Is it possible to make a solid rigid evacuated "balloon" out of Beryllium or other elements or alloys?

The critical buckling pressure at which an evacuated sphere is given as $$ P_1=\frac{2E\cdot\left(h/R\right)^2}{\sqrt{3\left(1-\nu^2\right)}} $$ where $E$ is Young's modulus, $h$ the shell's thickness, $R$ the radius to the midsurface shell, and $\nu$ is Poisson's ratio.

Of course this is theoretical and experimental and literature values for submersibles hover around 1/4 of the theoretical pressure. Beryllium has the following properties:

  • Density=1.85 g/cm$^3$
  • Young's Modulus=287*10$^9$ Pa
  • Poisson Ratio=0.032

Calculating the upward force, buoyancy at 101.3 kPa atmospheric pressure and Radius of 10m gives 4.24*10$^8$ N. The weight of this sphere with shell thickness 1mm has 2.32*10$^7$ N downward force of Beryllium material, so it will theoretically float at ground level.

Calculating the critical buckling stress of this beryllium sphere is 331.57 kPa, which is 3.27 times the atmospheric pressure of 101.3 kPa, so theoretically it won't buckle. But in experimentation done in earlier experiments as stated before, due to construction/material non-ideal situations, the critical buckling formula predicts about 4 times stronger than actual, so it would need about 400 kPa, not 331 kPa as Beryllium sphere with this specification would hold. Increasing the strength capability also increases weight and therefore lowers it's ability to float, but Beryllium is the closest element with this situation I have calculated that could work if ideal (I have only been using periodic table elements and household materials)

Is it possible with an alloy of elements? Using the equations for buckling and buoyancy, the following is needed. What alloys/materials come to your mind?

Material considerations:

  1. Material with larger Poisson ratio
  2. Material with larger Young's Modulus
  3. Less dense material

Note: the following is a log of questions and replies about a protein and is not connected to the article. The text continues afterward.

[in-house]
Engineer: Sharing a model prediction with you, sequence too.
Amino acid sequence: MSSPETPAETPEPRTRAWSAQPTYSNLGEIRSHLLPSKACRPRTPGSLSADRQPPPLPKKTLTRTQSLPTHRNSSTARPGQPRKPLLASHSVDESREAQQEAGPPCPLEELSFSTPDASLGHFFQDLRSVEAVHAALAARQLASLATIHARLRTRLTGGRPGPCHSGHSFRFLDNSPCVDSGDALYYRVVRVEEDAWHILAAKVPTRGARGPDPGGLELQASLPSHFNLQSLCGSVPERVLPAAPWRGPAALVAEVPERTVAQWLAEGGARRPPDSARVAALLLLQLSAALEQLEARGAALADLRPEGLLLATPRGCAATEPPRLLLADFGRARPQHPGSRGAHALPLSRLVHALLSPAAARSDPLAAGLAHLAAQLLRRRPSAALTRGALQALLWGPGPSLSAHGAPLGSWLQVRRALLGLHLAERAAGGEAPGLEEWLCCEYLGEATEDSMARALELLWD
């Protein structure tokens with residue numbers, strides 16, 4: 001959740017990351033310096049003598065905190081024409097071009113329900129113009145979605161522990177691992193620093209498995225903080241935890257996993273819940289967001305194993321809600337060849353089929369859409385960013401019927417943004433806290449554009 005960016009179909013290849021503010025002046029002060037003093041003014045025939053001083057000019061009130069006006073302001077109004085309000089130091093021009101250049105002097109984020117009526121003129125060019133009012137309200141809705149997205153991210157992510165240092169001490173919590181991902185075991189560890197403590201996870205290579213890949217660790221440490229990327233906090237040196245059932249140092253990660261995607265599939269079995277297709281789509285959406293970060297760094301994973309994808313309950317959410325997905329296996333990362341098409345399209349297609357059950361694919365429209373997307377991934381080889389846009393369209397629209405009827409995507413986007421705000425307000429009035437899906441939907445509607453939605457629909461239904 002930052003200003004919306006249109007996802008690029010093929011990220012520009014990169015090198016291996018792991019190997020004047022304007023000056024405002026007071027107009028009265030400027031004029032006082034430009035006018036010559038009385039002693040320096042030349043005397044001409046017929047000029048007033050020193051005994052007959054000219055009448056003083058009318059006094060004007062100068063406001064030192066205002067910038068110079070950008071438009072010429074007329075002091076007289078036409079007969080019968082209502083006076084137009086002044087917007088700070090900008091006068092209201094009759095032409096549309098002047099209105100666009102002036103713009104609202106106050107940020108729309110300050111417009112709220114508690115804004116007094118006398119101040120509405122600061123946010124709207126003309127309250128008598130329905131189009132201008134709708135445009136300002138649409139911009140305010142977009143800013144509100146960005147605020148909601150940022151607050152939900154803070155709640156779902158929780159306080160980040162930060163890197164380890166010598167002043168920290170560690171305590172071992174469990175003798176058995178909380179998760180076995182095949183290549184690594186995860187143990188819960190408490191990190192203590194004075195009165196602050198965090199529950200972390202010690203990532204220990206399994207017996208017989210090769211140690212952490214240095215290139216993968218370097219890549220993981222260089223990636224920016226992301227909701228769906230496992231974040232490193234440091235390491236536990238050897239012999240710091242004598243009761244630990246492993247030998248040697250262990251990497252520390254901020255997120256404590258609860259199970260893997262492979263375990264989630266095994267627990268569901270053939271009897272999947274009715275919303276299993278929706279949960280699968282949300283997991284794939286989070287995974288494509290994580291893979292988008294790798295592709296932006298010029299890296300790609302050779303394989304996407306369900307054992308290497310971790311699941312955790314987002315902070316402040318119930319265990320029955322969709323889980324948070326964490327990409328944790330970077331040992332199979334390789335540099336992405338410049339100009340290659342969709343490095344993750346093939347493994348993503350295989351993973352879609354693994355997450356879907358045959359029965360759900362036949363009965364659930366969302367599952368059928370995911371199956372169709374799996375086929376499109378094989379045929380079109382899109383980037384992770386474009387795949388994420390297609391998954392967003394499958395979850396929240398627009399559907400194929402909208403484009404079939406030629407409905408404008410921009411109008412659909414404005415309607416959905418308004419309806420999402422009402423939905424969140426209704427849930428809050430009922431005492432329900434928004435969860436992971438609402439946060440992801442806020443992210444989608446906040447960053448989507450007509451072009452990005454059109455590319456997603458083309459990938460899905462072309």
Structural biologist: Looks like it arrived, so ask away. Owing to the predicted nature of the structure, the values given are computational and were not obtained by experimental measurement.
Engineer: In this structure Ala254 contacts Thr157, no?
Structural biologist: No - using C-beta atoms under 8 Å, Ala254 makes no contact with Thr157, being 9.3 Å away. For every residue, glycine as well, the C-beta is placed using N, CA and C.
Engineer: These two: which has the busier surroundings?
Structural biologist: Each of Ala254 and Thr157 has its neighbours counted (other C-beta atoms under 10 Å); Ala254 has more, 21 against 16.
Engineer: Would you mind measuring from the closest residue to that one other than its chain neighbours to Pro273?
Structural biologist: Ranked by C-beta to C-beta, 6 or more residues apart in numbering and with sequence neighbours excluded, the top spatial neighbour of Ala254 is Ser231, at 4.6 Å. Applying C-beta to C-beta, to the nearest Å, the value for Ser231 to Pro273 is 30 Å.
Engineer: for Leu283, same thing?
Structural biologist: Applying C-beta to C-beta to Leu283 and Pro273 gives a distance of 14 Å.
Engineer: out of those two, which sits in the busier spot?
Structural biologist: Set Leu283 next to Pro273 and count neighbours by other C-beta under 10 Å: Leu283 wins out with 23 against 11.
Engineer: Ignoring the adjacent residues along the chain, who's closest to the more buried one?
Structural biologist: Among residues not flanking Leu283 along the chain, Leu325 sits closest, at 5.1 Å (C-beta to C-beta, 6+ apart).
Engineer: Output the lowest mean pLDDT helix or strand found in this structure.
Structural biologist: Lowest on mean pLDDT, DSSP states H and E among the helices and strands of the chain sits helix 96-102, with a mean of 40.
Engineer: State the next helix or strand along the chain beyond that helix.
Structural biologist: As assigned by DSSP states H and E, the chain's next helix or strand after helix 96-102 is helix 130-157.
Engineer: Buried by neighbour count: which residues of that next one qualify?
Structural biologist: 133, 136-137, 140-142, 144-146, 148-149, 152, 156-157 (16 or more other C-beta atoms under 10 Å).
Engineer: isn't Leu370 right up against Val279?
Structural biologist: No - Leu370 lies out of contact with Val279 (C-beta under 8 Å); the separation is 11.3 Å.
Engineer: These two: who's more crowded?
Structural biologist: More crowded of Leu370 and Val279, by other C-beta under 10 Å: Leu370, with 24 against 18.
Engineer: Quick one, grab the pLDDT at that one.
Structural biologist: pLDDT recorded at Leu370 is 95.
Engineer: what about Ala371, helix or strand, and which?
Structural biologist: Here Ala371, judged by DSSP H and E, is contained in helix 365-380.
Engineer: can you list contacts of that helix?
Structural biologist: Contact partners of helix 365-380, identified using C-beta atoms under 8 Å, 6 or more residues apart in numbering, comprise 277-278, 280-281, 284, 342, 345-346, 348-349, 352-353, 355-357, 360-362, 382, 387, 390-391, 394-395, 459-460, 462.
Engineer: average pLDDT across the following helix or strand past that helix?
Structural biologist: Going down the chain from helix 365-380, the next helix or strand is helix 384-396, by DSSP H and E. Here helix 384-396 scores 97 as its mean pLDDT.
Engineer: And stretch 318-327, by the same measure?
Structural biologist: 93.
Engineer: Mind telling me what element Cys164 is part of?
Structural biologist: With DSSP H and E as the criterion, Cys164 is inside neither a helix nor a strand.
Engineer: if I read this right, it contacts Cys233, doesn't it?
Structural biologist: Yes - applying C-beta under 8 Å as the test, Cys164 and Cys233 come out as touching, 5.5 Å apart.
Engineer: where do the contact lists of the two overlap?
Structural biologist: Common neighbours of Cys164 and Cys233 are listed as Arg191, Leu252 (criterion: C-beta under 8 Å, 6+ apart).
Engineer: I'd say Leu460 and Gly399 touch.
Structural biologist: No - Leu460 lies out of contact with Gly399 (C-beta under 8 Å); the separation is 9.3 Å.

4. Construction (is it possible)

Material considerations affect on lift

  1. Thickness can be larger, increases strength by the squared. But also increases weight. If a material with lower density with similar structural properties as Beryllium is used, it would help.
  2. Radius can be lower for same reason, but also lowers buoyancy (volume)

My other designs (don't worry about these just yet, just if you are curious is a vacuum sphere with a pressurized "outer tube" with spokes in tension (carbon fiber nanotubes maybe) to keep the 2 spheres in position. Another is a spherical truss out of carbon fiber nanotubes with a light membrane around. The truss prevents the outer membrane from collapsing due to the atmospheric pressure

The "point" of this if you ask, as to why not use a traditional balloon is it can be used as a boat by filling the sphere with air, and then used as a aircraft at will by evacuating the sphere. An alternative mode of transportation for sea vessels etc.

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    $\begingroup$ In air, the weight of air excluded from a given volume decreases with altitude, so a balloon of fixed volume has an altitude limit. High altitude balloons must be capable of expanding. $\endgroup$ Apr 6, 2014 at 16:48
  • $\begingroup$ Just want to comment here that Beryllium is a seriously difficult material to handle because it so very very toxic/poisonous. Single exposure can lead to fatality. $\endgroup$
    – tom
    Nov 19, 2014 at 21:17
  • $\begingroup$ Why is this question off-topic? $\endgroup$ Feb 11 at 20:16
  • $\begingroup$ I would suggest this question is not off-topic. Buoyancy is a common topic in undergraduate physics courses. Further it addresses material properties and solid mechanics both of which contain relevant physics. $\endgroup$ Feb 15 at 18:22

2 Answers 2


Your figures seem problematic. For example, the volume of a 10m radius sphere is below 10^4m3, air density at normal conditions is, very roughly, 1kg/m3, so how do you get more than 10^8 N buoyancy force?

According to calculations in US patent application 11/517915 (Akhmeteli, Gavrilin, Layered Shell Vacuum Balloons, you can find it at USPTO site or at http://akhmeteli.org/wp-content/uploads/2011/08/vacuum_balloons_cip.pdf ), no homogeneous spherical shell made of existing materials can be both strong enough to withstand atmospheric pressure and light enough to float in air. The critical failure mode is indeed buckling.